Rep. Brian Greene of Pleasant Grove –
His fair and transparent state school board elections bill passed the House vote and may pass into law if the Senate votes yes this week
We are fighting manipulation in education reform. Utah legislators have written multiple bills this year that take important steps to curb it. Before I give links to these very important bills –which we need to beg the senators and representatives to vote YES on– let’s talk briefly about the question of how manipulation happens under the guise of education reform.
This six minute video featuring Dr. Peg Luksik, starting at 1:15, explains a lot.
This speech was given a few weeks ago, when education expert Dr. Peg Luksik spoke about the manipulation that happens in computer adaptive, standardized tests.
“The problem isn’t that it’s self-paced; the problem is that the test is open to manipulation.” (minute 1:15-1:20) Test creators can adapt the test to make it appear to the average taxpayer, parent or policy maker to have been more difficult or easier. It’s an internal mechanism, not a valid assessment. A child has to agree or comply with questions along the way, or he/she cannot move on to take the rest of the test.
Dr. Luksik gives examples of this compliance. In the 1990’s she saw internal documents of these tests that explained that the test was not to assess objective knowledge at all; it was to test –and score for– the child’s threshhold for behavior change without protest.
A sample question wanted a child to answer whether a child would join a vandalism group. There was no way a child could answer that he/she would not ever join a vandalism group; he or she could only indicate whether he/she would join if a best friend was in the group or if mother would not find out or other similar options. Another example asked whether a child would cry, be upset, argue, when the family was moving to another country. There was no option that was not outc0me based. This prevents individual thought.
(FYI: In Utah, these tests are called S.A.G.E. and are co-created by the federally funded Smarter Balanced Assessment Consortium and a company called American Institutes for Research which has taken at least $39 million Utah tax dollars to deliver Utah’s children a computer adaptive, Common Core aligned test.)
Dr. Luksik also explains that test questions that are supposed to be testing reading, are aiming to test other things, such as this example: a child’s level of honesty was tested in what was supposedly a reading test: If he/she found a wallet with money in it what would he/she do? No option was: return it.
Now, these tests were 1990’s Outcome Based Education (OBE) tests. But the embedding principle is the same in today’s Common Core tests; just much easier for test creators to hide, since they’re not pencil and paper tests anymore.
A child will simply answer questions on a test, Dr. Luksik points out: “No child would think to say, ‘Is this a reading question?’ because they’re kids; they just take the test.'” But how can teachers or parents protect them?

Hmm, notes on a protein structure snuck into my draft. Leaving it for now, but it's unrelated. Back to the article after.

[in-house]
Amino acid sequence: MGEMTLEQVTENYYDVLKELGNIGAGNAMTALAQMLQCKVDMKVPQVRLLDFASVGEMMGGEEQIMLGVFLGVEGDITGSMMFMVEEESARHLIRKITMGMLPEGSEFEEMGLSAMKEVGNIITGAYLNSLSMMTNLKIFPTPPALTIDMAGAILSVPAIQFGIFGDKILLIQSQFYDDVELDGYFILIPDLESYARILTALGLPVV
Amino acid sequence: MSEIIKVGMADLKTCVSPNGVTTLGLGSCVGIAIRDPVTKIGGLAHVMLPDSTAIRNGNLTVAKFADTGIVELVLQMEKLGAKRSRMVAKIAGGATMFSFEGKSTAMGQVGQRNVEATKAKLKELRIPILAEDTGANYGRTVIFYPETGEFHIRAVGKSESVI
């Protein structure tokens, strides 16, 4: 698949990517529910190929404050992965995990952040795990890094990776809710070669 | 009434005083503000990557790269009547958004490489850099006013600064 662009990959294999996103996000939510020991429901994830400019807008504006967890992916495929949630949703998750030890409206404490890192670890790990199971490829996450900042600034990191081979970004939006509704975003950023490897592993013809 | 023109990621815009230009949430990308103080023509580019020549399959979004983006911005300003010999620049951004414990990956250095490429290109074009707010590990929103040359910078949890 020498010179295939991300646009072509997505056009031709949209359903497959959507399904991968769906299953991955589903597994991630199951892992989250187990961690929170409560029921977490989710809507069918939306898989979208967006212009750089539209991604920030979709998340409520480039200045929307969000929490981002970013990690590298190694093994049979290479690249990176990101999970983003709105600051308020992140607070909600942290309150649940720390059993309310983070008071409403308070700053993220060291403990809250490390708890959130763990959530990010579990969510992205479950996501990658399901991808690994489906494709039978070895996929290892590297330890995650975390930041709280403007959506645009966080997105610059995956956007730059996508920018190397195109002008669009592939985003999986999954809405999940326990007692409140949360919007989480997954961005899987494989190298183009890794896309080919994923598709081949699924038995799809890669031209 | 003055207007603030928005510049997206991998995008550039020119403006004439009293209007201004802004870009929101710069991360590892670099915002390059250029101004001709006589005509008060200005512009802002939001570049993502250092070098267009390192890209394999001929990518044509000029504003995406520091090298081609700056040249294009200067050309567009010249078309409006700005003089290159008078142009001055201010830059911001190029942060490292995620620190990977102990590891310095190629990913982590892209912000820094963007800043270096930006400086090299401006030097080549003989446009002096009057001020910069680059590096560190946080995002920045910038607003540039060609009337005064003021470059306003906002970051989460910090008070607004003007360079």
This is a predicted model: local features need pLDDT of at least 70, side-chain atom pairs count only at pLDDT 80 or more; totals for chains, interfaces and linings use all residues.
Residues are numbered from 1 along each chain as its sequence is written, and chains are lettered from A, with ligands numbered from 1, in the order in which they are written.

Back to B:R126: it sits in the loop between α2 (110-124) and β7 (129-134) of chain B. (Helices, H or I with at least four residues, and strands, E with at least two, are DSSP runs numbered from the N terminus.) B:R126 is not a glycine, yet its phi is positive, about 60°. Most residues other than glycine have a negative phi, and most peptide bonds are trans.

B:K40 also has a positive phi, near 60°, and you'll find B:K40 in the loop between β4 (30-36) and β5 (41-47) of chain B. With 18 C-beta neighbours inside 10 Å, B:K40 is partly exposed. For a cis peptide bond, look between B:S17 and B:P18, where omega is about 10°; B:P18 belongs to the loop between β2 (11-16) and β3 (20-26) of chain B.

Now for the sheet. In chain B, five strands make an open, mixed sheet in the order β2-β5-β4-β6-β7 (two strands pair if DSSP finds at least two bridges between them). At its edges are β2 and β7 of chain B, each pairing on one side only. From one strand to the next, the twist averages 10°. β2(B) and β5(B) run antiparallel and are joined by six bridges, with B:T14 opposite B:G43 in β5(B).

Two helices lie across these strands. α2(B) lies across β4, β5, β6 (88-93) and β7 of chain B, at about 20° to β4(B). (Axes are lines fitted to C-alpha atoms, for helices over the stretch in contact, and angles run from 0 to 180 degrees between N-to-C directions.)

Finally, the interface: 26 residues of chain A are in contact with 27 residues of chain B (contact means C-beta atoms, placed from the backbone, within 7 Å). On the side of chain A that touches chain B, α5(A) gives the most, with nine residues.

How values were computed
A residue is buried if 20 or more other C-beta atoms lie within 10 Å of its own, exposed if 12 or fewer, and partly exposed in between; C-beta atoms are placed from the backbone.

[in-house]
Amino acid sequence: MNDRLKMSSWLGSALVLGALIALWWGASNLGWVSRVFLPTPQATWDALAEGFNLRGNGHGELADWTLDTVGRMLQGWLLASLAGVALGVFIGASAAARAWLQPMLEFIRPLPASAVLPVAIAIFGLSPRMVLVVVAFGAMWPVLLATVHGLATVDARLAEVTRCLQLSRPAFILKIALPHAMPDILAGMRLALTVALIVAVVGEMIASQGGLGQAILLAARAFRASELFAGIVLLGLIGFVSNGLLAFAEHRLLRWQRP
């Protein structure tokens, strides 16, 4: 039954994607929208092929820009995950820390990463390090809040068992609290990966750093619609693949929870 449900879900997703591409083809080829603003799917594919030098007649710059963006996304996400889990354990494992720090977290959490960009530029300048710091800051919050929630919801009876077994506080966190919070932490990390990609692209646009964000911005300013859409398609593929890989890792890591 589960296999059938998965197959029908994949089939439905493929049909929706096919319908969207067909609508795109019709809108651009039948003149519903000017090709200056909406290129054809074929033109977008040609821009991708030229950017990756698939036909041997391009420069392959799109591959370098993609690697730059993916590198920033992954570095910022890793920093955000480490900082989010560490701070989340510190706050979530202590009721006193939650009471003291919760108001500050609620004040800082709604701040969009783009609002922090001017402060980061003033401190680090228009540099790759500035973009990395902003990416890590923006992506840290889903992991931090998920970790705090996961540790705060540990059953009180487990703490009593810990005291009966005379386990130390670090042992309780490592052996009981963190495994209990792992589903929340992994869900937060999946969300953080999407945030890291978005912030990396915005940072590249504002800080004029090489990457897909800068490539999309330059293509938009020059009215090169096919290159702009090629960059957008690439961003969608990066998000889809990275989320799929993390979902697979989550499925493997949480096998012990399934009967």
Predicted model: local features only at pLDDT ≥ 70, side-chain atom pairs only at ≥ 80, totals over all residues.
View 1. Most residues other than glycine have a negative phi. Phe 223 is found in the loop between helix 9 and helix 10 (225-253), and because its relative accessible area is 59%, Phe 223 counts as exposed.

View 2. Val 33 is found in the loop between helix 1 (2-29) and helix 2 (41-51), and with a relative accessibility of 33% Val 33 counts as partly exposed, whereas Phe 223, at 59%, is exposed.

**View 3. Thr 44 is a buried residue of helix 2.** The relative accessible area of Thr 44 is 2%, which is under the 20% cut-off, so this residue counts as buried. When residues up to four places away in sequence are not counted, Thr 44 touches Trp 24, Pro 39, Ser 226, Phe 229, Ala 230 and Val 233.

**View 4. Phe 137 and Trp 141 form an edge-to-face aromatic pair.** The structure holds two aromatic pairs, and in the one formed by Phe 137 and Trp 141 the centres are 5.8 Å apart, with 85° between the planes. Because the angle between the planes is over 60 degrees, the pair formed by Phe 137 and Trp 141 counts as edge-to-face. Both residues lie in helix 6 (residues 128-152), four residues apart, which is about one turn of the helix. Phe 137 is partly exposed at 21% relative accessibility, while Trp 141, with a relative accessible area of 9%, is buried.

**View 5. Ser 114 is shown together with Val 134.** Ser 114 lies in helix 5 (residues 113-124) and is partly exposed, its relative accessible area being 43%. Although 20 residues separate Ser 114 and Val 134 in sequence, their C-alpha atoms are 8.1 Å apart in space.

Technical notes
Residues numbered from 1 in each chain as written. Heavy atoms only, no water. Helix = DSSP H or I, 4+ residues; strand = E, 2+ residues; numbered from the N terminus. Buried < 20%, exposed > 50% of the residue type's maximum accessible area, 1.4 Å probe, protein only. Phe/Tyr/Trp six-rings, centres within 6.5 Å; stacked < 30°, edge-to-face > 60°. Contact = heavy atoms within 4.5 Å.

Now, in Utah, we have the opportunity to take small steps in a better direction– small but important steps.
Right now, Rep. Mike Kennedy has a bill that expands a committee of parents or guardians of Utah public education students to review computer adaptive test questions. The bill also requires the State Board of Education to prepare and publish on its website a report containing information about test questions identified by the committee as problematic. http://le.utah.gov/~2014/bills/static/HB0081.html
It has passed the House vote. Hope and pray that it also passes the Senate. And write to your senators and reps!
Another great education bill in Utah that passed the house and may, possibly, pass the Senate and become a rare, good new law is Rep. Brian Greene’s bill for fair and transparent, partisan state school board elections. (Our system is horrible and MUST change: it begins with a closed-off, exclusionary, and Common Core-promoting questionnaire, followed by a small, biased committee making recommendations to the governor and then the governor appointing two preselected candidates from which the voters can choose. And voters are not allowed to know whether these two are each or both Democrats, Republicans, Independents, or of any other party.) http://le.utah.gov/~2014/bills/static/HB0228.html We need this bill.
There’s also Rep. Jake Anderegg’s important house bill 169 which aims to restrain the sharing of student data without parental or adult student consent. http://le.utah.gov/~2014/bills/static/HB0169.html
These bills are wonderful. I’m so grateful for them. But they’re far from silver bullets.
They do not stop Common Core standards. They don’t stop Common Core testing. They don’t stop the stalking being done by the un-opt-out-able State Longitudinal Database System (SLDS). They don’t take away the 15% rule (meaning that Utah can’t add to its math and English standards because of the Common Core copyright and the federal 15% ceiling over the standards.) The bills don’t change the fact that Common Core standards are still dumbing down the top level high school students by removing almost all of the calculus and trigonometry requirements that Utah had prior to Common Core; nor do they restore to high school students the missing 70% classic literature that’s been robbed.
They are important steps in the right direction, in the direction of restoring parental (and voter/taxpayer) control over what’s going on in education today. They work around the manipulation and put individuals in better control of what has felt like an almost overwhelmingly unfair education system.
Thank you, Rep. Kennedy, Rep. Greene, and Rep. Anderegg.
Thank you. Thank you. Thank you!